The snow-covered surface of an icy loch, for some is just an invitation to get out the sledgehammer, hack away and plunge in. When Vicky Allan and photographer Anna Deacon, cold water lovers themselves, started to research their book on the health benefits of wild swimming, it was the ice swimmers that lured them most

THE field of snow covering Uath Lochan in Glen Feshie gleamed in the winter sun. I remember wondering, as we approached its pristine expanse, how thick the ice under that blanket might be. Would it be centimetres deep, too hard to crack open with a foot? Or thin enough to break by hand? Fortunately smashing into it would not be a problem, for one of our companions had, slung over her shoulder, the sledgehammer which she keeps in her car boot at all times during the winter, for precisely such moments. It's not for nothing that Alice Goodridge is nicknamed Alice "the hammer".

“I don’t feel like my place is to destroy the beautiful ice, it’s just to create a small entry,” she reassured us, as she and her friend, Sarah Wiseman, tested the loch’s icy shoreline. “Just a small area so I can get in and have a little dunk. I feel addicted to the cold. I get excited by the thought of getting in that cold water when I see it. That’s one of the ways my feelings about swimming have changed. Because I never used to be dying to get into the ice.”

This was just my second ice swim – my collaborator and photographer Anna Deacon’s fourth or fifth – and I felt the churn of butterflies as we stood at the edge of the loch. One of the reasons we were here in the Cairngorms was to experience swimming in properly cold water, far more chilling than the 5C of the North Sea off Portobello which was where we regularly swam, at, on this occasion, 0.4C. We were also planning a book, which would be titled Taking The Plunge, and looking for stories from people for whom submersion in cold water was all about relief from physical or mental health problems.

What I found fascinating about the ice swimmers is how much, like me, they almost love the cold. In midwinter, as the temperatures plummet towards zero, these swimmers would choose to ditch their wetsuits, worn over the summer for endurance training, in favour of bathing suits. When the temperatures rise in spring, extraordinary as this may seem, they would fret. Their beloved cold, and all that it gives them, is leaving.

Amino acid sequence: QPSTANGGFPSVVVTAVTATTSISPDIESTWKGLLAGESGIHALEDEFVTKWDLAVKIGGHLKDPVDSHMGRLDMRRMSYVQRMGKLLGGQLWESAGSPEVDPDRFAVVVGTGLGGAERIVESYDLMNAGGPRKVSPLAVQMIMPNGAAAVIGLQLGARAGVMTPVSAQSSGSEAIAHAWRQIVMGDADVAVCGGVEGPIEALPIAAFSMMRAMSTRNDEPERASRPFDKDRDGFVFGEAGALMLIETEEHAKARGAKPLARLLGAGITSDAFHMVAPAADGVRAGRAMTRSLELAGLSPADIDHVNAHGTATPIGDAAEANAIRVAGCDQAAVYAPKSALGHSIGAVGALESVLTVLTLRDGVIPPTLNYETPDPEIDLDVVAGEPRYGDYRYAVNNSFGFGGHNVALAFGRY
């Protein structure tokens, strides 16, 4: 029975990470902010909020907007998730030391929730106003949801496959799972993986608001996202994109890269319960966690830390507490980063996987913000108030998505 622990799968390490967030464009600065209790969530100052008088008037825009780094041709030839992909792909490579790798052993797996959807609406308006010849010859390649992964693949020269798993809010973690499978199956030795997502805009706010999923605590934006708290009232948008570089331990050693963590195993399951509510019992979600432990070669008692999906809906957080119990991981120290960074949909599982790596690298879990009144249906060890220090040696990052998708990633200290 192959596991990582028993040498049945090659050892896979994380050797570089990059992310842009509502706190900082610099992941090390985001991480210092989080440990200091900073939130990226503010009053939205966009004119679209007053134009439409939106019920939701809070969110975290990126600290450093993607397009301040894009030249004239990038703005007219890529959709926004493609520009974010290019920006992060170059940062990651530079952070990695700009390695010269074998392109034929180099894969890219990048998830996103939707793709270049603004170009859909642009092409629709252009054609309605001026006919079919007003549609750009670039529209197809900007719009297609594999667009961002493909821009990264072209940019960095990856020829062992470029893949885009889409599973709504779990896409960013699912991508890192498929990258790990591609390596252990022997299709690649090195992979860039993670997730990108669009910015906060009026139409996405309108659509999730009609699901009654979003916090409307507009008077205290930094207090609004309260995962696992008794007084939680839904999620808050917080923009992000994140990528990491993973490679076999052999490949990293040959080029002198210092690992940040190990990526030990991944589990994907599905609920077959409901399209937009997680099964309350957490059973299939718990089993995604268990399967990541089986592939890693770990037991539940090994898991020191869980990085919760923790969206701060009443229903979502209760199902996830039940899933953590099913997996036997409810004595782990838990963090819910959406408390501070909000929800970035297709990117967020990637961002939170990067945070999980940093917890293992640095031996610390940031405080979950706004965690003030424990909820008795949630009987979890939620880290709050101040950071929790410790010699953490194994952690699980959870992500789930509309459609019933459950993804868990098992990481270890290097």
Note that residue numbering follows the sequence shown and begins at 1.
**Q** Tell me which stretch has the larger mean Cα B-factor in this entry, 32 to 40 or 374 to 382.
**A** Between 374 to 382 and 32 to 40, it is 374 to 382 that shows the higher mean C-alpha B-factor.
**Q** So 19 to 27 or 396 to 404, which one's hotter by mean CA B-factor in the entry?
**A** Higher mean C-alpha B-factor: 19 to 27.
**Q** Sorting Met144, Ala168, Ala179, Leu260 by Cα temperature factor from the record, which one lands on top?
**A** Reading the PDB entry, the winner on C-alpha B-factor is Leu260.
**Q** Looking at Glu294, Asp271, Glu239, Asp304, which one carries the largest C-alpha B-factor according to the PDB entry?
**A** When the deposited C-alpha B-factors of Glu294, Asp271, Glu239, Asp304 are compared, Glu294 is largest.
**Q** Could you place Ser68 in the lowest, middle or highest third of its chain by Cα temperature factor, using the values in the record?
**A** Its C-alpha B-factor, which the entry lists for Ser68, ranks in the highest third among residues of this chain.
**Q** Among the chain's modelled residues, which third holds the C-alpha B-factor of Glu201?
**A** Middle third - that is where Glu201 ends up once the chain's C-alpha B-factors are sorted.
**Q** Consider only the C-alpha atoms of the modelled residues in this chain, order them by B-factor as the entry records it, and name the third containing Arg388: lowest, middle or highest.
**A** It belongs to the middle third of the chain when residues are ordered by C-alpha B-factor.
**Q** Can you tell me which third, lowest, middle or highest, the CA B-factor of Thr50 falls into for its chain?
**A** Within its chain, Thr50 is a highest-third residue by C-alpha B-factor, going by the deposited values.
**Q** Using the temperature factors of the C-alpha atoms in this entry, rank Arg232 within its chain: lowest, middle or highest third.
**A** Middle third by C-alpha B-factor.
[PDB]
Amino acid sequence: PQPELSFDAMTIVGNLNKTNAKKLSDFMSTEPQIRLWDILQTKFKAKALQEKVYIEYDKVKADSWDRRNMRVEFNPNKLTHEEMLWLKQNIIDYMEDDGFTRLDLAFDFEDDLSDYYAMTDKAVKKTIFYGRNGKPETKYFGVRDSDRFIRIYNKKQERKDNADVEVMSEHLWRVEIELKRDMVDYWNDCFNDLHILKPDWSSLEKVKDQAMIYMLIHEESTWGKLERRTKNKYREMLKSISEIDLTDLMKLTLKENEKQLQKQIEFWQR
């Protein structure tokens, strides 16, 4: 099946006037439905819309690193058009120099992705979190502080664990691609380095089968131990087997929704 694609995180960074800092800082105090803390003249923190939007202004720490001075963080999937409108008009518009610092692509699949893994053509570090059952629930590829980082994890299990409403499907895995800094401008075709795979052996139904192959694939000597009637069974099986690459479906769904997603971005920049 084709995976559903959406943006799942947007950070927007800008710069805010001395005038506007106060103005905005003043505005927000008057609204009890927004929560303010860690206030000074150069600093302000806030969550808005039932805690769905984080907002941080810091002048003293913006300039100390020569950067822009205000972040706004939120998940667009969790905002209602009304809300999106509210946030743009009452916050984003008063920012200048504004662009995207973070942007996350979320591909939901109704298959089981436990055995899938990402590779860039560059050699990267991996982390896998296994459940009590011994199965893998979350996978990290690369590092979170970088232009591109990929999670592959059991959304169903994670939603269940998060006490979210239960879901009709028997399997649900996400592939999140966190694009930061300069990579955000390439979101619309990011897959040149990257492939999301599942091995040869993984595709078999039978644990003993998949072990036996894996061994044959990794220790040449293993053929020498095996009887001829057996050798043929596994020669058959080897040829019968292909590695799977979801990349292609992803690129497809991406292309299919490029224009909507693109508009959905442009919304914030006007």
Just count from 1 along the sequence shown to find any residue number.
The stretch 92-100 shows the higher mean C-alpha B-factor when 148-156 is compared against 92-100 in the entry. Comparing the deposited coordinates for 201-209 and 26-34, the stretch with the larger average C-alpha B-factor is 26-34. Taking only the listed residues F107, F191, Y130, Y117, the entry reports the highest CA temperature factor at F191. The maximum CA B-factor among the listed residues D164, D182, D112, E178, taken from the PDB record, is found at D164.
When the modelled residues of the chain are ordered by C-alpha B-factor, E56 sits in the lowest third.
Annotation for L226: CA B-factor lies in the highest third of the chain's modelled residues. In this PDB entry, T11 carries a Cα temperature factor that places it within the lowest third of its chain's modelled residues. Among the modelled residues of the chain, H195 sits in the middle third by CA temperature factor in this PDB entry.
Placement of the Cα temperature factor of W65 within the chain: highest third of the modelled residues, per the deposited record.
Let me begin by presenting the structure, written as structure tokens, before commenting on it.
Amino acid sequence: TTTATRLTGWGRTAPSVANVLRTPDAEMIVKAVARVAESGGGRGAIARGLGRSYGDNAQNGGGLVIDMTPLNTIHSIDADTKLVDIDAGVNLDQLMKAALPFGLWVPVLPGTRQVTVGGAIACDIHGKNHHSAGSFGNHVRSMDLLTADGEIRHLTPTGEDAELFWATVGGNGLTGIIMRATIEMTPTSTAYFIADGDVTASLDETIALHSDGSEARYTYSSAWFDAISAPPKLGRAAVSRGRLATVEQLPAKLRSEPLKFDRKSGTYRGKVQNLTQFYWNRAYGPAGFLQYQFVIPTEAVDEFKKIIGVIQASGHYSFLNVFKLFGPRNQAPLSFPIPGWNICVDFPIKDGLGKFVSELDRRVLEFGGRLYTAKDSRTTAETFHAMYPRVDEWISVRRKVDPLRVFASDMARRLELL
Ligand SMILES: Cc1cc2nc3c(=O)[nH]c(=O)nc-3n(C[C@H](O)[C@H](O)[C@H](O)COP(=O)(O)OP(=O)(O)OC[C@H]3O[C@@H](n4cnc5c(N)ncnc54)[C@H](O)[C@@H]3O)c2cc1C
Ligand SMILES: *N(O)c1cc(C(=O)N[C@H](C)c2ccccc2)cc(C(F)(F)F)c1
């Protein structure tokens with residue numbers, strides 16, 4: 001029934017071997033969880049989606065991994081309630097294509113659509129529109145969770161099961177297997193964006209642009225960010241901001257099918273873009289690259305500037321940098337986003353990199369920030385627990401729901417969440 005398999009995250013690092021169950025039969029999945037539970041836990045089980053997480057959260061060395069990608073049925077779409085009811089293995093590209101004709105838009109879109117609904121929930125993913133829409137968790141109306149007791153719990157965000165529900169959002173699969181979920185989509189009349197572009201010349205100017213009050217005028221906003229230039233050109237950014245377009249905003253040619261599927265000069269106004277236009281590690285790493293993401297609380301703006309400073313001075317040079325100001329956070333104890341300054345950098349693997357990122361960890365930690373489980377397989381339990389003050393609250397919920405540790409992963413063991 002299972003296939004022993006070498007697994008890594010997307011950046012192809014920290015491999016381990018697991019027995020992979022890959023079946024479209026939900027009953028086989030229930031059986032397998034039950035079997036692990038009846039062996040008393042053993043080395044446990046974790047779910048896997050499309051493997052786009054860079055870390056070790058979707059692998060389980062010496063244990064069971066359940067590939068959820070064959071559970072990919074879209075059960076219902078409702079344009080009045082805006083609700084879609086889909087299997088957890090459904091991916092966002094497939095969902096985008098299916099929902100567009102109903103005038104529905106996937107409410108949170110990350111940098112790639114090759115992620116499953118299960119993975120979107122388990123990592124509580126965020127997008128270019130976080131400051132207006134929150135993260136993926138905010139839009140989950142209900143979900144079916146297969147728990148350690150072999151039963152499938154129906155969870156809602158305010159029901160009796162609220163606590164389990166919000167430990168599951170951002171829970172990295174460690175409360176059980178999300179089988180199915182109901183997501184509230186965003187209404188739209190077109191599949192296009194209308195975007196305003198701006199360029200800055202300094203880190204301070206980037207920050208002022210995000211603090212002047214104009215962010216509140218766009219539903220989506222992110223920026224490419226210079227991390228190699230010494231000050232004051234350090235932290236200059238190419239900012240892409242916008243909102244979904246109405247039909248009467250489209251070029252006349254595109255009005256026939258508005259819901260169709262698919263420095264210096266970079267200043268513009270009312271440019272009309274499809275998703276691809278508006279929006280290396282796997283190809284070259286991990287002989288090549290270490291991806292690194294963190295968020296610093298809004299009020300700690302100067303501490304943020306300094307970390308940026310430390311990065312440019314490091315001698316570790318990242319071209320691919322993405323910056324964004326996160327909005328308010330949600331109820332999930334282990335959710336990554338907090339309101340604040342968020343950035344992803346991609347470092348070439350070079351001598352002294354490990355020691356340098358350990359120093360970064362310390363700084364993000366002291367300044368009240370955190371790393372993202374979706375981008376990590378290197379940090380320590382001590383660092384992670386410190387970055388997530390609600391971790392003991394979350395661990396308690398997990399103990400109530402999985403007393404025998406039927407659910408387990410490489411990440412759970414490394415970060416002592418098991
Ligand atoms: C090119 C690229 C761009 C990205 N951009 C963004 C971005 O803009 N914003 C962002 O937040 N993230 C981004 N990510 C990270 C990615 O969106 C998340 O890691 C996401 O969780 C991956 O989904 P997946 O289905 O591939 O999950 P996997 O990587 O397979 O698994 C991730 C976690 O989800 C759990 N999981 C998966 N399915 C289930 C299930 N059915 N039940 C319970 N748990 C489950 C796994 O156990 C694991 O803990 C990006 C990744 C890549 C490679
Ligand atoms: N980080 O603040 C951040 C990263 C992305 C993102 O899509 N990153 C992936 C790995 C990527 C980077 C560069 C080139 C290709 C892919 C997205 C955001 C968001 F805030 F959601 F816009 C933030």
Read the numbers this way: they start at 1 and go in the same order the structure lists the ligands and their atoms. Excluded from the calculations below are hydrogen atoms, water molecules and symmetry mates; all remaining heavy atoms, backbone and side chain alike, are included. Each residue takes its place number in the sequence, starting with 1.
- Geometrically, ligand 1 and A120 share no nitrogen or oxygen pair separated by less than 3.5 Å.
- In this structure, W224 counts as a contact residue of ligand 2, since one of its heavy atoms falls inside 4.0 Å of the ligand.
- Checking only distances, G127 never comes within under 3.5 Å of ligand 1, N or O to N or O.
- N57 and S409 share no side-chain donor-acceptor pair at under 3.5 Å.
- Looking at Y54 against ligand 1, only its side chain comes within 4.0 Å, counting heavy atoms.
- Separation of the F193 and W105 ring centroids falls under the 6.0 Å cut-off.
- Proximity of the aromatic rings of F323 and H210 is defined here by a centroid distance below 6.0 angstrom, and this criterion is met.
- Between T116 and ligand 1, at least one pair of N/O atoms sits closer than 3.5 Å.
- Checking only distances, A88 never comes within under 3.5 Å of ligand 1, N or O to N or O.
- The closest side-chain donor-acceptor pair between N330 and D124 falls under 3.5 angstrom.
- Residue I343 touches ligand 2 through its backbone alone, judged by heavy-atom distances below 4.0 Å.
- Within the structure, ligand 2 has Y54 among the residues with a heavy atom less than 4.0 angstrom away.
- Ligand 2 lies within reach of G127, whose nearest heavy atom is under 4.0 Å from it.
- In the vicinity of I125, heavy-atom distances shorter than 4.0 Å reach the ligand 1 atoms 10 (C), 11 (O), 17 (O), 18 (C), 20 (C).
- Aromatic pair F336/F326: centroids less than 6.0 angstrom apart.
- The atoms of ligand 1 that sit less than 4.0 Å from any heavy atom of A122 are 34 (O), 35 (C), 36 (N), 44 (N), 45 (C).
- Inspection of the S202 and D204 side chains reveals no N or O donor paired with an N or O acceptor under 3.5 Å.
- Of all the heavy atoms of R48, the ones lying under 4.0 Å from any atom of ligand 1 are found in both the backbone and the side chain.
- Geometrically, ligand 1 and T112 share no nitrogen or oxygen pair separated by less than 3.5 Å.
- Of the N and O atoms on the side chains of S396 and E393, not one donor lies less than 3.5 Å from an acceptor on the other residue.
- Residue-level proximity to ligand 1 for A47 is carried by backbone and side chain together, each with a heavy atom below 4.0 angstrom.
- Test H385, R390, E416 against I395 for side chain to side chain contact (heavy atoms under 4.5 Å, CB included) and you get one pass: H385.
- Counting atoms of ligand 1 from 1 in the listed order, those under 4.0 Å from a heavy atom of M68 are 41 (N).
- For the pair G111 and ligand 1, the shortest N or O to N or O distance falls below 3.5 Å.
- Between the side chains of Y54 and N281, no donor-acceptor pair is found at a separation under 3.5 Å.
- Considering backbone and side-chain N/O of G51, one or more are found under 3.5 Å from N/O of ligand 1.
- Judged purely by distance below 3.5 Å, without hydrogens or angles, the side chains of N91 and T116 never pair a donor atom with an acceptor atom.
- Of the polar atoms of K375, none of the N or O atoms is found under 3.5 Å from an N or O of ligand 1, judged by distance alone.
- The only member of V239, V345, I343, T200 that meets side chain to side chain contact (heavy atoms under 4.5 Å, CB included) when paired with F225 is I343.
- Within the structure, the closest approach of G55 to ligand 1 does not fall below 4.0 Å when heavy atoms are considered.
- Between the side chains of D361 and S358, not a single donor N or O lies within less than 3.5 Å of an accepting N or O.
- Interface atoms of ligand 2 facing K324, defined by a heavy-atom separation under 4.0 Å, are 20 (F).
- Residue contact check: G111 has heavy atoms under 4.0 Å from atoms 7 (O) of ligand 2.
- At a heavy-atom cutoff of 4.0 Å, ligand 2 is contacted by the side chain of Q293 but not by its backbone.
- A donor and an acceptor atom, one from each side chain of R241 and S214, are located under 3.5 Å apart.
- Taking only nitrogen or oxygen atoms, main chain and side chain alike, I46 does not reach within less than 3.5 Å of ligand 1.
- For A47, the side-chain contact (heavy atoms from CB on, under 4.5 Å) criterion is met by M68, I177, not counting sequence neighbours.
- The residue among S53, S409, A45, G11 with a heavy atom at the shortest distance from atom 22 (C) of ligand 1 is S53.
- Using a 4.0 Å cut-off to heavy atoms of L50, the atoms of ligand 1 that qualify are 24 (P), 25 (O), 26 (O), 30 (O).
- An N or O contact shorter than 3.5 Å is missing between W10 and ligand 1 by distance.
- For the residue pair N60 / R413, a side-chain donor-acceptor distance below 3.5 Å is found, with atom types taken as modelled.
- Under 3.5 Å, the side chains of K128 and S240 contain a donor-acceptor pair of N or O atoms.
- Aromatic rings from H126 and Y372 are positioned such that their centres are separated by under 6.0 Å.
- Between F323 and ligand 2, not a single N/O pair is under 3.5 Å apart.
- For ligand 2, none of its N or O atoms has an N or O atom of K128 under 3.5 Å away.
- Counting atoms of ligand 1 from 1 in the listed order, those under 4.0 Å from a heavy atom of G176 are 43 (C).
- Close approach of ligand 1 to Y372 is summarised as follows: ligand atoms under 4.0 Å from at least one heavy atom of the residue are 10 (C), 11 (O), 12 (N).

“Alice the Hammer” was just one of these cold-obsessives. In the last year she set up the first ever Scottish Winter Swimming championships as part of her mission to bring together the community of what some people call “shiveries”. She also runs Swim Wild, which organises wild swimming events and tours.“I’ve always been fairly good with the cold,” she told me. “The difference is that I now feel addicted to it. I get excited by the thought of getting in that cold water. Then that completely goes away for a few minutes and I’m actually getting in it and I’m like, ‘Oh my god what am I doing this for?’ Nowadays I get a, ‘I really need to get in’ kind of feeling. That’s new. Because I never used to be dying to get into the ice.”

Wearing no more than a star-spangled swimming costume, woolly hat and neoprene gloves and boots, she stepped up to the lochan edge. With one foot she prodded the ice, which did gave way. It turned out it was fairly easily breakable. She quickly began smashing at it with hands and feet and formed an entry hole there at the edge, a murky brown portal in the shimmering ice. Goodridge lowered herself slowly into it. As she did so, she sung out a long, high choral note – as if channelling the heavens or some other-worldly pain.

For a moment, Goodridge hesitated there, thoughtfully. “Rooty. Squelchy,” she said. There was no mention of the temperature. A robin hopped between the trees – a casual onlooker. “I don’t know what I’m standing on – some kind of platform," she said. "I’m going to stand on this platform to smash a bit of ice.” The water she stood in, dark and peaty, was black as night. Impossible to see what lay beneath. Seconds later she was lunging forwards with an Olympian hurl of the sledgehammer, walloping down onto the surface ahead of her. Ice fractured. As it cracked it sounds like splintering branches. The hammer glugged down into the water, then heaved up and smashed again.

Ice-swimming is not for everyone – and actually one cold physiology expert told me that there are two types of body, those who feel the cold pain, then have a reasonably long phase where they can tolerate, even enjoy being in there before the threat of hypothermia sets in, and those that go from pain to danger zone with nothing in between. Nor is it something anyone should plunge into doing without proper build up and acclimatisation. Every year people drown because of the hyperventilation and stress caused by cold-water shock – usually after they have fallen in the water. Hypothermia is real. If you’re feeling inspired to do any of this, I would advise you get some proper safety advice and do it only in the company of experienced people.